Manufacturer's Suggested Retail Price (MSRP), also known as "sticker" price, is a recommended selling price that automakers give a new car that is above the invoice price paid by the dealer. It is a price that does not include any options that can be added to a particular car style. When shown as a range, the prices are starting MSRPs, without options, for multiple styles for that model.
This price range reflects the Kelley Blue Book Suggested Retail value for all trim levels, but not necessarily all available options.
The Kelley Blue Book Suggested Retail value represents the amount an auto dealer might ask for a specific vehicle; the actual sale price will vary. A vehicle's popularity, condition, warranty, color and local market conditions are factors involved in determining a final price. The retail value is not a trade-in or private party value.
The Suggested Retail value assumes that the vehicle has been fully reconditioned and has a clean title history. The Suggested Retail value also allows for advertising, sales commissions, insurance and other costs of doing business as a dealer. Most vehicles offered at this price have passed an inspection, and some may carry a warranty. Vehicle mileage is assumed to be normal or below normal.
Best Bets get above-average mpg, class-average or better reliability, class-average or better crash-test ratings, and our recommendation.
Expert Reviews 1 of 3
By Jim Flammang
September 1, 2005
Vehicle Overview Honda launched the midsize Pilot sport utility vehicle for 2003, billing it as "not too big, not too small." Larger than the company's compact CR-V and youth-focused Element, the Pilot replaced Honda's Passport.
New for 2005 was a 255-horsepower V-6 that operated via a drive-by-wire throttle system. Upper gear ratios in the five-speed-automatic transmission were modified to yield smoother transitions. All trim levels added a tire-pressure-monitoring system.
More standard features, including a Maintenance Minder and three-row side curtain-type airbags, go into 2006 models. For the first time, a two-wheel-drive version with Variable Cylinder Management is available. The VCM system can automatically switch the Pilot's 3.5-liter V-6 between six- and three-cylinder modes to improve fuel economy.
Under new Society of Automotive Engineers testing standards, Honda's V-6 engine is now rated at 244 hp and 240 pounds-feet of torque. Actual performance is the same.
Three versions are available: LX, EX and top-of-the-line EX-L. Honda's Vehicle Stability Assist electronic stability system and XM Satellite Radio are standard on the EX-L. A new rear camera is integrated into models with the navigation system.
Exterior Headlights and taillamps have been revised for 2006. Only modest bodyside cladding is used on the Pilot, which exhibits a clean look. A large greenhouse yields what Honda calls "panoramic views for all occupants." The hood slopes down to a wide grille that is flanked by wraparound headlights. All models have body-colored bumpers, and the EX adds body-colored side moldings.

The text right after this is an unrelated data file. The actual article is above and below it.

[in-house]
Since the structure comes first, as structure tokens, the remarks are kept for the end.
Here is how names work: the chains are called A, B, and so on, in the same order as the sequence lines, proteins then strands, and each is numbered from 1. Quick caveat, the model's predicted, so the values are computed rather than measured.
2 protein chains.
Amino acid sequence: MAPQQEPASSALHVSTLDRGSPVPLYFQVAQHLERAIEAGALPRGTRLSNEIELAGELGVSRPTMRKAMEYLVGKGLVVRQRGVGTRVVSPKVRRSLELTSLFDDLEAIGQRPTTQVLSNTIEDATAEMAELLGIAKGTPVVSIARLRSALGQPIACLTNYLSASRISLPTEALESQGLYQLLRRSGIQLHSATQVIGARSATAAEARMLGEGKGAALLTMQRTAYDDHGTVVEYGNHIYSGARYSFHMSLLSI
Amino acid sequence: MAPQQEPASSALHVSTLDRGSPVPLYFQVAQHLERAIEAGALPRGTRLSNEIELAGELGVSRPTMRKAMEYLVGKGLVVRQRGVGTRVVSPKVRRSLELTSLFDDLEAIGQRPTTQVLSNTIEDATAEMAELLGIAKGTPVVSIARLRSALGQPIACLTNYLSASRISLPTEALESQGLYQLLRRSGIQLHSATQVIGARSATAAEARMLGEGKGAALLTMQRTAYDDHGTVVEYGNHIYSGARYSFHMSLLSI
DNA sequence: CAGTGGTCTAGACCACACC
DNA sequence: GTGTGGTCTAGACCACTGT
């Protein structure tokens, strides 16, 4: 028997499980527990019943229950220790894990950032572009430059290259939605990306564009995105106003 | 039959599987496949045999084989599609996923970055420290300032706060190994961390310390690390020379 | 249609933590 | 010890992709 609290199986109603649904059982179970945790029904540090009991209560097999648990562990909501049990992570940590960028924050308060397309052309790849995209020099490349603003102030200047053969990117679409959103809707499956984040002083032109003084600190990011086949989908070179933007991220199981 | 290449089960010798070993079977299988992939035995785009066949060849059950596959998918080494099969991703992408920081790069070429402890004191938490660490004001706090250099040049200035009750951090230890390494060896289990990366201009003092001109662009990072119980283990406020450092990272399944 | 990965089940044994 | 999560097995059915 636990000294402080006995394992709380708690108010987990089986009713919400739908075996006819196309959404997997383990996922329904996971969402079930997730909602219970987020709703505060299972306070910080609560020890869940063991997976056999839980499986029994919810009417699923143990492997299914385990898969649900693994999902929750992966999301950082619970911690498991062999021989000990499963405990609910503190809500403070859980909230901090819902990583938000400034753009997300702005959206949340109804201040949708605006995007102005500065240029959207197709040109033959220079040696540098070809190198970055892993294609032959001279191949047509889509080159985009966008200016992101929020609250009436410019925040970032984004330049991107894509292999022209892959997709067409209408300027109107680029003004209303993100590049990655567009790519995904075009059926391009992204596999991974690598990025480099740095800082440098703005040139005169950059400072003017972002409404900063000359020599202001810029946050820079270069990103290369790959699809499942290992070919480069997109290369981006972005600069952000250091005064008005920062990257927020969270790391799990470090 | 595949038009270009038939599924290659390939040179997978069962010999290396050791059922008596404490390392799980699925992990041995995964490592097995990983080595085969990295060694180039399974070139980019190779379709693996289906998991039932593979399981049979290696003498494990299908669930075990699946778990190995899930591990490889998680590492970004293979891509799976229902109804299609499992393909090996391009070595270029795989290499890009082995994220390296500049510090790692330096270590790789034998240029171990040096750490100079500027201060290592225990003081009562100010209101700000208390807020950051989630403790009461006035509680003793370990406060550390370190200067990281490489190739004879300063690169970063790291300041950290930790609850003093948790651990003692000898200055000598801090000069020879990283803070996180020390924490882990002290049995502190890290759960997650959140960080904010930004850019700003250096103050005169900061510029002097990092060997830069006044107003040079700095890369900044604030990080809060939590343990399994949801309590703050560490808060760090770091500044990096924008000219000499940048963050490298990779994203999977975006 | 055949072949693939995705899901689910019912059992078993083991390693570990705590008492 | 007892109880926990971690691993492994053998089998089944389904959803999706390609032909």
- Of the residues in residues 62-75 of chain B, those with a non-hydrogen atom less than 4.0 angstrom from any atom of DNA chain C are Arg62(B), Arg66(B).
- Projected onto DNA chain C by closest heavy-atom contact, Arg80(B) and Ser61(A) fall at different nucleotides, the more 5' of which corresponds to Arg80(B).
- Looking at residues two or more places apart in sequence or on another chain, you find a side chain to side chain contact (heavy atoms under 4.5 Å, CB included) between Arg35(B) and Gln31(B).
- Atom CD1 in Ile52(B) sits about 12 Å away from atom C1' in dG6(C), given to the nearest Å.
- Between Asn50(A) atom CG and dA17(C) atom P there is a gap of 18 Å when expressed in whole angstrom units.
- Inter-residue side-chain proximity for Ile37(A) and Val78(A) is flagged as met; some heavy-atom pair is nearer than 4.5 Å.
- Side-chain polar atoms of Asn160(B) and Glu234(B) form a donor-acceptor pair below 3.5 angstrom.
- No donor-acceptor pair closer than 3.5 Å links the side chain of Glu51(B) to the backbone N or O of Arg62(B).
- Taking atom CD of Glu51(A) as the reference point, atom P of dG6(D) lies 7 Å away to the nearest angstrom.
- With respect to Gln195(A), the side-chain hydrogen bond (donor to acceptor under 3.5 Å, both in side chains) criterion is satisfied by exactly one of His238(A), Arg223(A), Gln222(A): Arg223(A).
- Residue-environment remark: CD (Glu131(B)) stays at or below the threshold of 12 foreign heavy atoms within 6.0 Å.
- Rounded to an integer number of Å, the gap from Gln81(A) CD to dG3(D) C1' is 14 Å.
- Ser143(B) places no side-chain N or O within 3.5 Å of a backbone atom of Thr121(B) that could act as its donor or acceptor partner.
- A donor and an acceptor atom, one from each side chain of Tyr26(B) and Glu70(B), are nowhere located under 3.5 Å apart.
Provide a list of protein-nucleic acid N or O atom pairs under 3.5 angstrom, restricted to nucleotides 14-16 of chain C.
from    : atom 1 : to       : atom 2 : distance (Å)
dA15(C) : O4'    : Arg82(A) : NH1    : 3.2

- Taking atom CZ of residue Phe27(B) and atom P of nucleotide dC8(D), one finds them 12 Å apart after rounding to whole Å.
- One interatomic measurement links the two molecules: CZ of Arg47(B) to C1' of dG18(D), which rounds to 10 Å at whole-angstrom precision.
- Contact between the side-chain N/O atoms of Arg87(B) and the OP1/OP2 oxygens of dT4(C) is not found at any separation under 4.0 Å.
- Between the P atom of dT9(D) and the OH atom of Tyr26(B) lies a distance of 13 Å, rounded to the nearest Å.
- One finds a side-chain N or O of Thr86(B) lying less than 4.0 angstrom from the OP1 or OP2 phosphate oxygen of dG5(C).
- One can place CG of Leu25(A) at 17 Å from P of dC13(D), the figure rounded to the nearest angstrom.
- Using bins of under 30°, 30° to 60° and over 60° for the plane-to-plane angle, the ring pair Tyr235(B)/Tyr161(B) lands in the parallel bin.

Unibody construction includes front and rear subframes. Equipped with a fully independent suspension, the Pilot has 8 inches of ground clearance for offroad treks. Fog lamps have been added to EX and EX-L models for 2006.
Interior Up to eight occupants can fit inside the Pilot, which features 60/40-split, folding seats in the second and third rows. Theater seating provides a better view for rear occupants. Leather upholstery is standard in the EX-L edition.
Cargo volume totals 90.3 cubic feet with the second- and third-row seats folded. A 4-foot-wide sheet of plywood will fit flat on the floor. Options include a DVD-based navigation system and a rear-seat DVD entertainment system.
Under the Hood Using SAE's new standards, the Pilot's 3.5-liter V-6 produces 244 hp and 240 pounds-feet of torque and runs on regular unleaded gasoline. A column-mounted lever controls the five-speed-automatic transmission. The all-wheel-drive system includes an electronically locking differential.
Safety All-disc antilock brakes and side-impact airbags are standard. New driver position and passenger weight sensors control front-airbag deployment. Seat belt pretensioners and headrests are installed for all eight seating positions.
Driving Impressions Honda did nearly everything right with the Pilot. Carlike traits are immediately noticeable, and the vehicle's slightly heavy feel is mixed with considerable overall refinement.
Performance is strong and confident, if not exactly blistering. Response is quick, easy and seamless from the engine and automatic transmission. The seats are firm and very supportive, and a large speedometer is easy to read.
Drivers can expect a smooth ride on good roads and a satisfying experience on rougher pavement. The Pilot stays reasonably flat in curves, but it's not quite as surefooted as some SUVs on narrow twisty roads. It seems a trifle uncertain through some demanding turns.